She made the traditional sacrifice in the Temple of Memory, offered the traditional bribe to the Keeper of the Long List, sent the traditional persimmon to the Opener of the Door, and finally received the traditional blue silk slippers summoning her to the Hall of a Thousand Thrones.
A Clash of Kings – Daenerys III
Quaithe comes from a city described as a gate, as a nexus between all the cardinal directions, perhaps one of Melisandre’s “hinges of the world,” if only symbolically. A place where it may be possible to pass between the realms, and perhaps bring back knowledge from the otherside. While in this magnificent city Dany offers a persimmon to the Opener of the Door, which is a queer sort of title to be sure. It seems significant that a door has been opened in this city that sits at the veritable crossroads. She’s also made a sacrifice to Memory, which sounds a bit like Patchface in a roundabout way sacrificing his wit and identity to gain a cryptic third sight. And, she’s been summoned to the Thousand Thrones, which could be a stand-in for the the weirwood net with greenseers all seated in the roots of weirwood thrones. In my opinion this all seems to be imagery that Dany is about to cross over some kind of threshold from the land of mortals into the underworld, and it may be this path, this way south by north, east by west that Quaithe is attempting to urge Dany toward.
Incidentally, the title that I skipped in that quote is the Keeper of the Long List. I can’t say for certain is this is his inspiration, but the etymology of the word list includes a reference to a boundary or border. A keeper of a long boundary. Where in Westeros could we find something like that?
Oh, right… That epitomical hinge of the world. In addition to being a hinge or axis, the Wall is also literally a boundary between realms, a demarcation built of ice and sorcery. The spells and lore locked within the ice ensure that Others and wights cannot cross into the human world. The “Long List” separates the dead from the living, and following my previous logic you can view the Keeper of the Long List as a Watcher on the Wall, a Shield the Guards the Realms of Men. The exception for this is a psychopomp, a figure like Quaithe, who can walk between the worlds. One that would say, drag dead frozen bodies of rangers into Castle Black, or help Bran and company cross through the Black Gate. Similarly, departed souls must cross the River Styx to go to the underworld, ferried by Charon. So, it’s possible to see the Wall as a river as well, which is a common demarcation line. If we view the Wall like a river, the forts would all become “fords,” natural crossings in a river, and perfect places to cross through the veil of tears between realms. And we know that, aside from the magical weirwood face of the Black Gate, the 19 “fords” along the Wall do in fact include tunnels and oak and iron gates that allow the Night’s Watch to cross, and pass between the realms. Thus we see GRRM consistently use language that describes going through or under the Wall as going into the realm of the dead. Underwater, underground, underworld.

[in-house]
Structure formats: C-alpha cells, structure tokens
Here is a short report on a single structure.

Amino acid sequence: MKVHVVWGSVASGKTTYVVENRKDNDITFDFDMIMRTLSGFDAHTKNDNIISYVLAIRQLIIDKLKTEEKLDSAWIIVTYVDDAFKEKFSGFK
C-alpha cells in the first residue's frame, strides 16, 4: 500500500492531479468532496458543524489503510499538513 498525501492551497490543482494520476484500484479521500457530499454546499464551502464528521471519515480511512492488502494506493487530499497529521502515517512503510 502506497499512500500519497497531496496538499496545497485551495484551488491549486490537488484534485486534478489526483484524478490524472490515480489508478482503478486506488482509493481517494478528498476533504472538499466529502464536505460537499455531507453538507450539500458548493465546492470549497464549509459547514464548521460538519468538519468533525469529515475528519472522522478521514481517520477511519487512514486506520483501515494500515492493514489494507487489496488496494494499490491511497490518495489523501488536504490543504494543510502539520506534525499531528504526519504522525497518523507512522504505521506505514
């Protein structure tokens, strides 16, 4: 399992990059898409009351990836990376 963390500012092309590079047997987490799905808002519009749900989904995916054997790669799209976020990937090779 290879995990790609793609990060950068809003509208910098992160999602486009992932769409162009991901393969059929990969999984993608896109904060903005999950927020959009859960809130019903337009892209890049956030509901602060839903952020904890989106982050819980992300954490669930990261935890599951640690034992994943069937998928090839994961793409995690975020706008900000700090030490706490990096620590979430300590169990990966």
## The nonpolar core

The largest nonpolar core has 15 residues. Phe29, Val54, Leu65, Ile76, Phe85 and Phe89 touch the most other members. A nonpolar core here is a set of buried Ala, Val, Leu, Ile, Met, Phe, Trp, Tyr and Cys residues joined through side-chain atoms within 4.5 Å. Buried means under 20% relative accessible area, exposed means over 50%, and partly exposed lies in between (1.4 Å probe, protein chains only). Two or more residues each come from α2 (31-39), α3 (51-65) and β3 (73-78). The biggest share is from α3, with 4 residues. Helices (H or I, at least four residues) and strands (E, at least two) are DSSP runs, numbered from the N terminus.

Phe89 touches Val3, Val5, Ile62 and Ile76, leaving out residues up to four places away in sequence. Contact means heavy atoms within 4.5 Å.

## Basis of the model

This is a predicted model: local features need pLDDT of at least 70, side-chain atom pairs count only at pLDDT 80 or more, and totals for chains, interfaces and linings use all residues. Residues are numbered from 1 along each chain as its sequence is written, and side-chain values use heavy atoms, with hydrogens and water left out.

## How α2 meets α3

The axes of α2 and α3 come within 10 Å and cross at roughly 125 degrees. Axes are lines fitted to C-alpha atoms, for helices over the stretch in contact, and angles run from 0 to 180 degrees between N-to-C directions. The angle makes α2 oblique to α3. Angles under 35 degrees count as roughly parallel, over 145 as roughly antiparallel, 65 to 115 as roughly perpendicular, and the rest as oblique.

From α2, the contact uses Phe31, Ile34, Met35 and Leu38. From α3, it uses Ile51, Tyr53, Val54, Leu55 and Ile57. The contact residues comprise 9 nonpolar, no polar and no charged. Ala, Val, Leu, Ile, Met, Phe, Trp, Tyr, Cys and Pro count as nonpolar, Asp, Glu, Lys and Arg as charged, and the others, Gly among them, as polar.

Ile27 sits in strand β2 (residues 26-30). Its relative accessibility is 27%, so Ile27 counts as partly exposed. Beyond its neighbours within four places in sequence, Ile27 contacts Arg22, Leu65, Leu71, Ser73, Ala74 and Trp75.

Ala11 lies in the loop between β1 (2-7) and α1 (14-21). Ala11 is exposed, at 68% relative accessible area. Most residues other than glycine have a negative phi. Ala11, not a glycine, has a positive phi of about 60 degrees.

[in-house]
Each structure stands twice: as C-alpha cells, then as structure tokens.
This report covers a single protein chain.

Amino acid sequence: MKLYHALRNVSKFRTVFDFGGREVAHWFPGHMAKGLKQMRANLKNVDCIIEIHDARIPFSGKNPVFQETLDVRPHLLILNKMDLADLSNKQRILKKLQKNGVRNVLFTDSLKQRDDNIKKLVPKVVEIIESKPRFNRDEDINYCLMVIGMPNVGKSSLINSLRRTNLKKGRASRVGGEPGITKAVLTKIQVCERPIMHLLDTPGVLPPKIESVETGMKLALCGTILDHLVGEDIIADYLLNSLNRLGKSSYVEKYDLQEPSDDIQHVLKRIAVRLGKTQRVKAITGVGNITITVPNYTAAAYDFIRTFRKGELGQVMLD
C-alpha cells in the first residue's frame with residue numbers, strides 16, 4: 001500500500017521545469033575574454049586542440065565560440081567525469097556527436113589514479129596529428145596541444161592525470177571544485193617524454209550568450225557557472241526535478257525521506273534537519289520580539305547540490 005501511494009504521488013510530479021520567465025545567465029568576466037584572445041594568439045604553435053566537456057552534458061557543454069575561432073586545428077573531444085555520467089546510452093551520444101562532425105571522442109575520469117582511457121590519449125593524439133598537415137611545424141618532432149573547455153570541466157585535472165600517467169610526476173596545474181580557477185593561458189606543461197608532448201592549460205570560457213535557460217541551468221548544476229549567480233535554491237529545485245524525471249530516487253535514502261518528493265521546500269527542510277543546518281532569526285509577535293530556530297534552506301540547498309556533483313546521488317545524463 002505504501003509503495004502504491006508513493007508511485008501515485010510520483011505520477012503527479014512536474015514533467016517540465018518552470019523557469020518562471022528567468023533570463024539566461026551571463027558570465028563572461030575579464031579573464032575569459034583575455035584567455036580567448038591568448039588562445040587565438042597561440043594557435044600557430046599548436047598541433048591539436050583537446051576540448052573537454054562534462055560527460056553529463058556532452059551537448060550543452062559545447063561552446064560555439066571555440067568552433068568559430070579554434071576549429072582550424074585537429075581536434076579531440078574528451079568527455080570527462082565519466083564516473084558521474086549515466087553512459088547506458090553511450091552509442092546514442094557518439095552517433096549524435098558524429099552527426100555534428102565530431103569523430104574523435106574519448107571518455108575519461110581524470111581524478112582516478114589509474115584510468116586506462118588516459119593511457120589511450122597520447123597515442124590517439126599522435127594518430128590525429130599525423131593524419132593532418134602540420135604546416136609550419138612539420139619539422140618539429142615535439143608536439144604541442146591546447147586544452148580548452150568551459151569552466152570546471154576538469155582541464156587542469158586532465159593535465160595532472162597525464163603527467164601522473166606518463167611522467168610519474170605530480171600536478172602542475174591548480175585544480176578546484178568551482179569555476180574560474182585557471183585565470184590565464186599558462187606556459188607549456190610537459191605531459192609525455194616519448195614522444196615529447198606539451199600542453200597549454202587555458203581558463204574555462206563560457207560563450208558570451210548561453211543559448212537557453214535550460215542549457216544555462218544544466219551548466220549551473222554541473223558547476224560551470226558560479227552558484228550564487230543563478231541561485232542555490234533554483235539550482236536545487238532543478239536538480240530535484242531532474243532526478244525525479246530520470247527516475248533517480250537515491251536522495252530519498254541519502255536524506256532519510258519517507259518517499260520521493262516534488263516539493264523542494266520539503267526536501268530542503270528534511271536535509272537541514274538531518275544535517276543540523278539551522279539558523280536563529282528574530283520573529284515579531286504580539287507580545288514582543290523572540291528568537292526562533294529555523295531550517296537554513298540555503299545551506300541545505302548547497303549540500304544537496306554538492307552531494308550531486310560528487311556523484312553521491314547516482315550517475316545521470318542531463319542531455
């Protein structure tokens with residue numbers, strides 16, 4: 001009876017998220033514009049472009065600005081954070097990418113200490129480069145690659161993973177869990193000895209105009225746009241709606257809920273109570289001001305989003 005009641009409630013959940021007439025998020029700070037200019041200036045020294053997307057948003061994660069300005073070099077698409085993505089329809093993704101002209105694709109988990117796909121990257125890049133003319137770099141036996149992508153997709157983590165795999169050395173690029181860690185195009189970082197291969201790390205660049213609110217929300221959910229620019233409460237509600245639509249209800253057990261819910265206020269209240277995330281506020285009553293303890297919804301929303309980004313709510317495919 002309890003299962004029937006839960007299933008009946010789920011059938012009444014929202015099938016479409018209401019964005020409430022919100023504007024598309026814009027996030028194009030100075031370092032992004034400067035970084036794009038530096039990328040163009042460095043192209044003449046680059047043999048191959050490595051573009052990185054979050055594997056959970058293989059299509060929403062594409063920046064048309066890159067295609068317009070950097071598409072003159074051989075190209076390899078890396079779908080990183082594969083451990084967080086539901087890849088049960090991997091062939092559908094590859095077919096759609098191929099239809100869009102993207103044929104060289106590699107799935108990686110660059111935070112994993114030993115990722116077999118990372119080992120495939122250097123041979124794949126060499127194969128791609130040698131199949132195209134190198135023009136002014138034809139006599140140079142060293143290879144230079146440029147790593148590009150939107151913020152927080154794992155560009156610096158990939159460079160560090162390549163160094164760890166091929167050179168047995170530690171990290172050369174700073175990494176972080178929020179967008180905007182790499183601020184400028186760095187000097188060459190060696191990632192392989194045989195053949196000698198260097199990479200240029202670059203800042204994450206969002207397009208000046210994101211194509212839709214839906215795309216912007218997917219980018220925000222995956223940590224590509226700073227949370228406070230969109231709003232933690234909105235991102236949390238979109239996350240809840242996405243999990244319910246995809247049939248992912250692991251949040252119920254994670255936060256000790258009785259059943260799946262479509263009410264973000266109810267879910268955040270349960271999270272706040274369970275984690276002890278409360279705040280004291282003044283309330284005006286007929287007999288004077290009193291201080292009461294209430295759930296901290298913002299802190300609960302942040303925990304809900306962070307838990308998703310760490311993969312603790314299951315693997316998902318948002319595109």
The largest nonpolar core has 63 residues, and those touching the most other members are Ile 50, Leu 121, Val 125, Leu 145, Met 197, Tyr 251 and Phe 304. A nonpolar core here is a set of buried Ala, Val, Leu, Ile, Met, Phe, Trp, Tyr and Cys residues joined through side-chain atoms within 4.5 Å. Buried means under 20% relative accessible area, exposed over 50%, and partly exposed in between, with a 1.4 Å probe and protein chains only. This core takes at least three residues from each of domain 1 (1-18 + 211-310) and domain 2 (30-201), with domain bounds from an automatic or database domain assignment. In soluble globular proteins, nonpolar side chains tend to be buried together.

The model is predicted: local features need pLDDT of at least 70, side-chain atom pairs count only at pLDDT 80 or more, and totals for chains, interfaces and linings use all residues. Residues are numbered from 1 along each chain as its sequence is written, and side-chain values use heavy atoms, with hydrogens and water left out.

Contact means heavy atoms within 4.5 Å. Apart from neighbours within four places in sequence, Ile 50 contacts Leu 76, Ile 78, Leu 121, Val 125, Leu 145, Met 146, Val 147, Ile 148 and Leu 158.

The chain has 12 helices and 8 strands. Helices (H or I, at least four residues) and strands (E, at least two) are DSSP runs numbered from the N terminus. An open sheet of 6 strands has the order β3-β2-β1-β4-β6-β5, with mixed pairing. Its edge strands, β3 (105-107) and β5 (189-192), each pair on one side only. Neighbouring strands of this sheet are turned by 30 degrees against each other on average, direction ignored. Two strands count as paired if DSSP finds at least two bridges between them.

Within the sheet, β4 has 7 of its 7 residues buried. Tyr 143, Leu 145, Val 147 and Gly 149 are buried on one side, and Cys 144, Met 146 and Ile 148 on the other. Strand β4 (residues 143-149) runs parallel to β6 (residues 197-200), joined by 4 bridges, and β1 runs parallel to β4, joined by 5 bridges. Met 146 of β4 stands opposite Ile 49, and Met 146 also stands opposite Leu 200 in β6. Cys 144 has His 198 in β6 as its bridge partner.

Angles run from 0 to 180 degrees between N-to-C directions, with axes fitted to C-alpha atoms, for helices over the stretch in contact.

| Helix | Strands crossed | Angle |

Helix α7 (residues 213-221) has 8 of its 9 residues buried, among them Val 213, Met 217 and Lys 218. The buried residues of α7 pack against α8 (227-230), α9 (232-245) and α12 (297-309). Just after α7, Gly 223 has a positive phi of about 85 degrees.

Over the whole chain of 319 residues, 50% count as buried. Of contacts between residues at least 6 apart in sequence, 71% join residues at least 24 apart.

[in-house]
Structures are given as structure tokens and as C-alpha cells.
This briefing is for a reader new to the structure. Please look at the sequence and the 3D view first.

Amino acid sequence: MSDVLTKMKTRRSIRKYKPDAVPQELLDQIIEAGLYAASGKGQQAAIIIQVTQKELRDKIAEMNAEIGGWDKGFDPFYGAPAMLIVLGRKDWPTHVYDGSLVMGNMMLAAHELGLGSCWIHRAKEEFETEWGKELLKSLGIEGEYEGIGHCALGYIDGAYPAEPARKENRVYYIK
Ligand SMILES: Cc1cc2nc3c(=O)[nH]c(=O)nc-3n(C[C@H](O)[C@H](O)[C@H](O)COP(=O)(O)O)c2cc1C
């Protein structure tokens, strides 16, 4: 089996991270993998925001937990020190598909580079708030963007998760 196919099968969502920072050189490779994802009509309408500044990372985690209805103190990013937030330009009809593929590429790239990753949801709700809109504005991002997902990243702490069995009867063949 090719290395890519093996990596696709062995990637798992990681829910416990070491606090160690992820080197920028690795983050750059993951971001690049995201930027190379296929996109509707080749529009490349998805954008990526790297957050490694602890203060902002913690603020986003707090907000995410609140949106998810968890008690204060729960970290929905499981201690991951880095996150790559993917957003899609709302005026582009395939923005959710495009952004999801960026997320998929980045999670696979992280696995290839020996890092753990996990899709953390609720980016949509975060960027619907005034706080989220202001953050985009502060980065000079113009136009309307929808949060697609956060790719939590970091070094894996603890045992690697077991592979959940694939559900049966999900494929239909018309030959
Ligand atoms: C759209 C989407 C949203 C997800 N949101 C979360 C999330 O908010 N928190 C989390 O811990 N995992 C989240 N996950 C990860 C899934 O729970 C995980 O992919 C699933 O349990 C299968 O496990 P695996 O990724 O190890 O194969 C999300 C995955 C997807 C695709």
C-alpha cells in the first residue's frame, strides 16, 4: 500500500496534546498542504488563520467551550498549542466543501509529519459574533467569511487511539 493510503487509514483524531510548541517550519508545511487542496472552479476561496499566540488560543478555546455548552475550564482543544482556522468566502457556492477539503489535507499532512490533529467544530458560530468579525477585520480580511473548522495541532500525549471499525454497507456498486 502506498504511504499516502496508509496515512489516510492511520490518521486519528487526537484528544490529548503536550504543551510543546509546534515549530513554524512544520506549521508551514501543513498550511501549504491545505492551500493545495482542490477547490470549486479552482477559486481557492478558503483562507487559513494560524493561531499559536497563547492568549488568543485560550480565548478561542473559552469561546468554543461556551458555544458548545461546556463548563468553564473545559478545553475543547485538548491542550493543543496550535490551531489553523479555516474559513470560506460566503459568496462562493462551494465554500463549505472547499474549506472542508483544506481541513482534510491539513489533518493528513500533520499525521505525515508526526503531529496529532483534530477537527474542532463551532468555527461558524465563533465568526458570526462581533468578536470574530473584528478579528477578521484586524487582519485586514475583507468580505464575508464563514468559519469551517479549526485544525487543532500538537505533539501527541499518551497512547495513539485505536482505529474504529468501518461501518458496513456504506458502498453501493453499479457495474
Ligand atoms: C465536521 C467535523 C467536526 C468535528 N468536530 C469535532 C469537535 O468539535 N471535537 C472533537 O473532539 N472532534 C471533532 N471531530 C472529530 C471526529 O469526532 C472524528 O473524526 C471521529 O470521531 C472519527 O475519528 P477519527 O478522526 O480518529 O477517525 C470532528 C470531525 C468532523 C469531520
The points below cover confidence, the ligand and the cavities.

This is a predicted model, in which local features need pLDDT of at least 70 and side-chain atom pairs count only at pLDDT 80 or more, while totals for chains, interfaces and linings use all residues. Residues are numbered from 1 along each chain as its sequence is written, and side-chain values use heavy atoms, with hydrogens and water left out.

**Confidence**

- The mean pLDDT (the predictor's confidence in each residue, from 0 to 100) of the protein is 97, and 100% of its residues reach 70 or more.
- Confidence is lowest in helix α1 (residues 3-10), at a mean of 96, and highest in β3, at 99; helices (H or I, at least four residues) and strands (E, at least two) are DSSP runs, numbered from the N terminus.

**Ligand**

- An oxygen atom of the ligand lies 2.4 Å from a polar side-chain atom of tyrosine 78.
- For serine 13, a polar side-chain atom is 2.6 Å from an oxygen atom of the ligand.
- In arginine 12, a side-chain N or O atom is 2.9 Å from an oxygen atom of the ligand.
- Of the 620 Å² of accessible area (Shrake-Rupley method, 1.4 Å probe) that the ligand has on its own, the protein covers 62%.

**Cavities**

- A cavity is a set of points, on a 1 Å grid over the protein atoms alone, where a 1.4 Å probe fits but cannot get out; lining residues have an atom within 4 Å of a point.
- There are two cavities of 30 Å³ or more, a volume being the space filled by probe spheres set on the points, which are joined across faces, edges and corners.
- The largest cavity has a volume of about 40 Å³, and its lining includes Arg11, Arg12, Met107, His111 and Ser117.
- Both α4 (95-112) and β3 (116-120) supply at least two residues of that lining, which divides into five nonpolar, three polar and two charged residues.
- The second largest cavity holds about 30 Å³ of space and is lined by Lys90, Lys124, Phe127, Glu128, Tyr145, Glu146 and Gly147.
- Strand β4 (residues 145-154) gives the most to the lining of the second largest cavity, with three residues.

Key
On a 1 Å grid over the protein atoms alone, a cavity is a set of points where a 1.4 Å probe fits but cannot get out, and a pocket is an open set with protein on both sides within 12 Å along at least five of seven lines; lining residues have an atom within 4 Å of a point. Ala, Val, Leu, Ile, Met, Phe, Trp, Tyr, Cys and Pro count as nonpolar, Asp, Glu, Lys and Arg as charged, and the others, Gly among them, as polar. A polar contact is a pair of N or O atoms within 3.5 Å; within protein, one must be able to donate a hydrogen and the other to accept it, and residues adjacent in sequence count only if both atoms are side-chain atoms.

She dreamed. All her cares fell away from her, and all her pains as well, and she seemed to float upward into the sky. She was flying once again, spinning, laughing, dancing, as the stars wheeled around her and whispered secrets in her ear. “To go north, you must journey south. To reach the west, you must go east. To go forward, you must go back. To touch the light you must pass beneath the shadow.”
“Quaithe?” Dany called. “Where are you, Quaithe?”
Then she saw. Her mask is made of starlight.
A Dance with Dragons – Daenerys X
“The Stranger was neither male nor female, yet both, ever the outcast, the wanderer from far places, less and more than human, unknown and unknowable. Here the face was a black oval, a shadow with stars for eyes.”
A Clash of Kings — Catelyn IV
A shadow with stars for eyes, the very image of a god of death and perhaps the ASOIAF equivalent of Charon or the Grim Reaper waiting patiently to ferry souls to the underworld. Quaithe is herself a shadowbinder so she and The Stranger very much seem to occupy the same space as the bind the shades or spirits of the departer to the realm of the dead. Thus this idea of the gate or axis between the realm of the living and dead and Quaithe’s desire for Dany to awaken some hidden knowledge takes on a potentially sinister quality. Quaithe likely doesn’t mean Dany harm per se, yet what we’ve seen from others in the story, those that have passed beyond the veil of tears into the afterlife have had to endure deep personal sacrifice to themselves. Those that have returned come back changed. Wisdom of the gods is attained only through sacrifice because that power is fire, and fire consumes.